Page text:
The trick is that you’ll need to use two different airlines. Like a “hidden city” agenda, these plans aren’t against the law, but they are against most airline policies. Using two different companies is fine, but you can’t use this strategy and give your business all to one airline.

18. Politely Complain

Take a few minutes to detail any recent problems and email a brief, polite, and specific note to your airline’s customer service center. If you have a legitimate complaint and handle it professionally, you can get an impressive credit to use toward a future flight.

I once had an airline cancel a flight because they did not have a crew available. I needed to remain overnight, and by the time the cancellation was announced, no one was left to offer me a hotel or meal voucher. When I returned home, I registered a complaint with the airline, and they offered me a $200 voucher.

19. Shop on Different Days of the Week

I haven’t seen it work, but many people say they find the best fares on Tuesdays and Wednesdays. Some airlines update their databases midweek, so you might find that they’ve made some of their rates more attractive if seats aren’t filling quickly. While you’re at it, you can set price alerts on most search engines, so you can at least get a notice if rates are on the rise.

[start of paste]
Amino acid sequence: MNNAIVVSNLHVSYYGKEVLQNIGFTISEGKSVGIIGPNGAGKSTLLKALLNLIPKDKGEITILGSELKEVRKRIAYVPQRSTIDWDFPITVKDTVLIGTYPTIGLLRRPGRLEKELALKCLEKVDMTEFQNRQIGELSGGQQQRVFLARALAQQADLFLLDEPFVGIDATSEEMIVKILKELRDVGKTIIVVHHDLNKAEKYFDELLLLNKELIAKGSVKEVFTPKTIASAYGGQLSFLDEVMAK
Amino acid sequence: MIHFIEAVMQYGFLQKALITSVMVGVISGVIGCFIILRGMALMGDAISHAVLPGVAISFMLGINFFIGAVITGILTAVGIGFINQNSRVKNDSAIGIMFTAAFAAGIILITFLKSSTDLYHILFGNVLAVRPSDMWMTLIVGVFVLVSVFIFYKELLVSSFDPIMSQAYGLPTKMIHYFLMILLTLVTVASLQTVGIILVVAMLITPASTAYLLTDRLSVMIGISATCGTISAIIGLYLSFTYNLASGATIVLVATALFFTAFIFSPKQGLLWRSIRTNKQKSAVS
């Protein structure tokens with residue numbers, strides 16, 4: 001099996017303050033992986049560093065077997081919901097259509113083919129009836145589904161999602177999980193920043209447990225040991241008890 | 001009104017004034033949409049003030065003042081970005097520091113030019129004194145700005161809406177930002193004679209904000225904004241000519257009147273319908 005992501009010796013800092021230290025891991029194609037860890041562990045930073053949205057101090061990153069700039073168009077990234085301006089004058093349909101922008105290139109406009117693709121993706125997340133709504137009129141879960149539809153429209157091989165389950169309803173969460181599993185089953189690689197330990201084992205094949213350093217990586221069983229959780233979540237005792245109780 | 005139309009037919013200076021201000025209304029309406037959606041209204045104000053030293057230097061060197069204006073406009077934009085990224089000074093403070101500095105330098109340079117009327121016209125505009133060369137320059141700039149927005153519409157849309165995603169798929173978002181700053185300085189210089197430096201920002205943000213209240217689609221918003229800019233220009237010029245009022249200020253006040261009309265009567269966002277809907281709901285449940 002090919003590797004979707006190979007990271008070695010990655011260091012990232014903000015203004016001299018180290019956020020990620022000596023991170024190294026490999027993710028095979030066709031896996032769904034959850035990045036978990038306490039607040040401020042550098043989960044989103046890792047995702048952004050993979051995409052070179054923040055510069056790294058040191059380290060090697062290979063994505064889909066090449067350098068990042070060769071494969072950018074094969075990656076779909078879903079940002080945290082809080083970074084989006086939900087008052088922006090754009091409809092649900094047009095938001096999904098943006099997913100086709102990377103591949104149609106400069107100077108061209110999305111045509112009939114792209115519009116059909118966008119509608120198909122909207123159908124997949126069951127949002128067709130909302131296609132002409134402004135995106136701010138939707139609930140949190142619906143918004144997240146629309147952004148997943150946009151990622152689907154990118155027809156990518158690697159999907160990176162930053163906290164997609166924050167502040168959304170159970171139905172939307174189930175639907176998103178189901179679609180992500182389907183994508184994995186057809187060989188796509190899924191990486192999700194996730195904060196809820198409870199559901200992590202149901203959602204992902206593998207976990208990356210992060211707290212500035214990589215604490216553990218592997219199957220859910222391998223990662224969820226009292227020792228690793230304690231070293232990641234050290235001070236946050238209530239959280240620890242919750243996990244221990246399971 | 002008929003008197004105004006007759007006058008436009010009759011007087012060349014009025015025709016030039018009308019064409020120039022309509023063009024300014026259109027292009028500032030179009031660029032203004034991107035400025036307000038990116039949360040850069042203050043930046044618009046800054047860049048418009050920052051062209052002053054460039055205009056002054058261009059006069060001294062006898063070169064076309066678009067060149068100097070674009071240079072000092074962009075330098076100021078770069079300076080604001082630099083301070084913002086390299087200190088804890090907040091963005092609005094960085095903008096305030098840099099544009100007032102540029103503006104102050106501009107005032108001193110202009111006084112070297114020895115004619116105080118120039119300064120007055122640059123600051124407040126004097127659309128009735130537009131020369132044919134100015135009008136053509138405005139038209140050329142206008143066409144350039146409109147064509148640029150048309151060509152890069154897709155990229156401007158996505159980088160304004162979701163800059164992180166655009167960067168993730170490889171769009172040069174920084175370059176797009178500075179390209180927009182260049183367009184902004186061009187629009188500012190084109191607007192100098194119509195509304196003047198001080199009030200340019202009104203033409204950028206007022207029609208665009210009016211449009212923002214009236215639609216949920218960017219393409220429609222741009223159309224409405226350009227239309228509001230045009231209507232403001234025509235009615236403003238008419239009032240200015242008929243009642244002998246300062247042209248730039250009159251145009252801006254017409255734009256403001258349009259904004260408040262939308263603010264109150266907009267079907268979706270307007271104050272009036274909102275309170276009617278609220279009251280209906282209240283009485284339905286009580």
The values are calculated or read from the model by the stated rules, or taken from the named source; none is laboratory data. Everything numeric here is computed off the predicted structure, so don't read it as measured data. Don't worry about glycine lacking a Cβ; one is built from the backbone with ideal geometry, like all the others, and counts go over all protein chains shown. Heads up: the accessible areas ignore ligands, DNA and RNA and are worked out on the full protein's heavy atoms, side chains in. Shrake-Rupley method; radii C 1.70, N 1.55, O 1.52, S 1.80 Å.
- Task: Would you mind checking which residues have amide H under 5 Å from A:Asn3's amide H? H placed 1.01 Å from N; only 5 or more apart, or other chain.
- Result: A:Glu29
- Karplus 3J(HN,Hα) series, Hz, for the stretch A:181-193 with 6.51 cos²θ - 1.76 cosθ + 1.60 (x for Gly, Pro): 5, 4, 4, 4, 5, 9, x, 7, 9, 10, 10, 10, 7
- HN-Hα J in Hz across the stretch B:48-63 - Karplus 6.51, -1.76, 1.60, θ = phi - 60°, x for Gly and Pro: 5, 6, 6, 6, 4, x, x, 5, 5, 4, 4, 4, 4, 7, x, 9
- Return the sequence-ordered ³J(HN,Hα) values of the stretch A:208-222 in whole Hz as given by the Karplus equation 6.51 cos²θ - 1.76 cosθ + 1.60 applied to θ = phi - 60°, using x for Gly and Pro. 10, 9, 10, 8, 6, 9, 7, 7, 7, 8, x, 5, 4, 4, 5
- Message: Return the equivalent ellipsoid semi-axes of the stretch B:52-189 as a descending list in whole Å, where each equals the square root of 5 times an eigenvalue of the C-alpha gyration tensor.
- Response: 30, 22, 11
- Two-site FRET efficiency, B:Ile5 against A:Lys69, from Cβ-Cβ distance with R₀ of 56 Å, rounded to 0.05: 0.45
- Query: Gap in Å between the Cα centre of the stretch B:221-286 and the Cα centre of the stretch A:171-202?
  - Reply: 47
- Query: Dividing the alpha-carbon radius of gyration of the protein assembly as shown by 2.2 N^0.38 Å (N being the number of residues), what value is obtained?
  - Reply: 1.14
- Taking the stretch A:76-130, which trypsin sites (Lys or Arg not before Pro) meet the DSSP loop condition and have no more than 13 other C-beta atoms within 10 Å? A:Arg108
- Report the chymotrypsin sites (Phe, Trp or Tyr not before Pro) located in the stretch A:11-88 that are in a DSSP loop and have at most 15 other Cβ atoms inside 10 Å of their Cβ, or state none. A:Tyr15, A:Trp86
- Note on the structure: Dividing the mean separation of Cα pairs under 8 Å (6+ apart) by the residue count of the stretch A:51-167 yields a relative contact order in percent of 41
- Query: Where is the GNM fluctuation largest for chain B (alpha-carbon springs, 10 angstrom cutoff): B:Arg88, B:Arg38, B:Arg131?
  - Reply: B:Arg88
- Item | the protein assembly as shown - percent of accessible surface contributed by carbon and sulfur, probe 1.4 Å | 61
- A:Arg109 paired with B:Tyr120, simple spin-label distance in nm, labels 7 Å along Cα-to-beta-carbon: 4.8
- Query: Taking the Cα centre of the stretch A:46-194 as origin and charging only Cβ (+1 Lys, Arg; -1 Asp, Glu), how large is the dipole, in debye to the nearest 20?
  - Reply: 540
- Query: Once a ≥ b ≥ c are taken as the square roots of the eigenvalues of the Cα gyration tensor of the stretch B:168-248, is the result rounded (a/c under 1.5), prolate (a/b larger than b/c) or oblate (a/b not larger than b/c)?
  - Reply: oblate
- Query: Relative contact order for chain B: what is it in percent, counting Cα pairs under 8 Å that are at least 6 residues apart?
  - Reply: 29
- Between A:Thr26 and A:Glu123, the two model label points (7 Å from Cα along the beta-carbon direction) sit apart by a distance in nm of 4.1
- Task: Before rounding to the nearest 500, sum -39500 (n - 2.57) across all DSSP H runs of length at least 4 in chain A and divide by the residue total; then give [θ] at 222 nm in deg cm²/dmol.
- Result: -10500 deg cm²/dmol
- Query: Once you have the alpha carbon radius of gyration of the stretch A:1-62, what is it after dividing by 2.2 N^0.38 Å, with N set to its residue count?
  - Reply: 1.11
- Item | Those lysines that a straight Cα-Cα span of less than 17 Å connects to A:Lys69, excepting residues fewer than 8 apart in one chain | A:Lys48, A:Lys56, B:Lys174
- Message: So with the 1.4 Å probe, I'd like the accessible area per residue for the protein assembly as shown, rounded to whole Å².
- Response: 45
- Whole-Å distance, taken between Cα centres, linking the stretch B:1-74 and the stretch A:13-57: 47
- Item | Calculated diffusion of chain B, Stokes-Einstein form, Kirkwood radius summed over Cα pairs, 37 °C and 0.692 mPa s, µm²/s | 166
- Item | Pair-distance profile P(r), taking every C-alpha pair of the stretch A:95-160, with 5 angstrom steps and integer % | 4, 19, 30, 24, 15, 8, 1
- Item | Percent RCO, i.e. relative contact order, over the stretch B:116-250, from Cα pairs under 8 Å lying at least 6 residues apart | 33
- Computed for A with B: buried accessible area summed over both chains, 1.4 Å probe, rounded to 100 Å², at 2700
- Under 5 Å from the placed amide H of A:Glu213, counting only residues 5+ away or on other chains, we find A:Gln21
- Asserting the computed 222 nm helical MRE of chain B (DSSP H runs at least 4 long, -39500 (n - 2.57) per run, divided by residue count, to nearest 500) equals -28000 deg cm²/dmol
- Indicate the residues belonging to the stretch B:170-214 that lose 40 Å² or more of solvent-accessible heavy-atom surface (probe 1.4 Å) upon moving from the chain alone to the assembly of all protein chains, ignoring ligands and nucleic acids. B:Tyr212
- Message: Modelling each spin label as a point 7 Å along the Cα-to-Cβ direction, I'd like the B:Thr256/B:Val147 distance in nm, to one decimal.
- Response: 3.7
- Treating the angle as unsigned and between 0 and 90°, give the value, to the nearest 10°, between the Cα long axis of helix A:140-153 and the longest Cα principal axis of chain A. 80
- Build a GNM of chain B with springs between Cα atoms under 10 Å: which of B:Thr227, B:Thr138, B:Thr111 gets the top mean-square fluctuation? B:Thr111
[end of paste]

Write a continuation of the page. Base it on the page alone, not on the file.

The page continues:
20. Consider a Red Eye Flight

Overnight flights are usually cheaper, and if you can handle the disruption in your routine, they also help you save the cost of an extra night of lodging. Personally, I don’t use this plan, because arriving tired and in need of a shower isn’t how I like to travel. If you can take it, though, you can save plenty of cash.

Final Word

Airlines are teetering on the edge of profitability, so they’re stepping up their efforts to get as much money as possible from consumers. But remember, you have the power over your final decision. If the rates are unreasonable, don’t let the companies win by conceding to their high prices.

Consider the cost advantages of alternate transportation. If you choose to fly, go into your airline ticket search armed with the best tactics and strategies, and fight back by lowering your ticket costs. If you want to get the best rates, you need to consider your comfort level with these strategies, weigh the pros and cons, and then pick out which plans you want to put into action.

Have you tried any of these tricks and tips? Which of them have worked best for you?

Jason Steele
Jason has been writing about personal finance, travel, and other topics on blogs across the Internet. When he is not writing, he has a career in information technology and is also a commercially rated pilot. Jason lives in Colorado with his wife and young daughter where he enjoys parenting, cycling, and other extreme sports.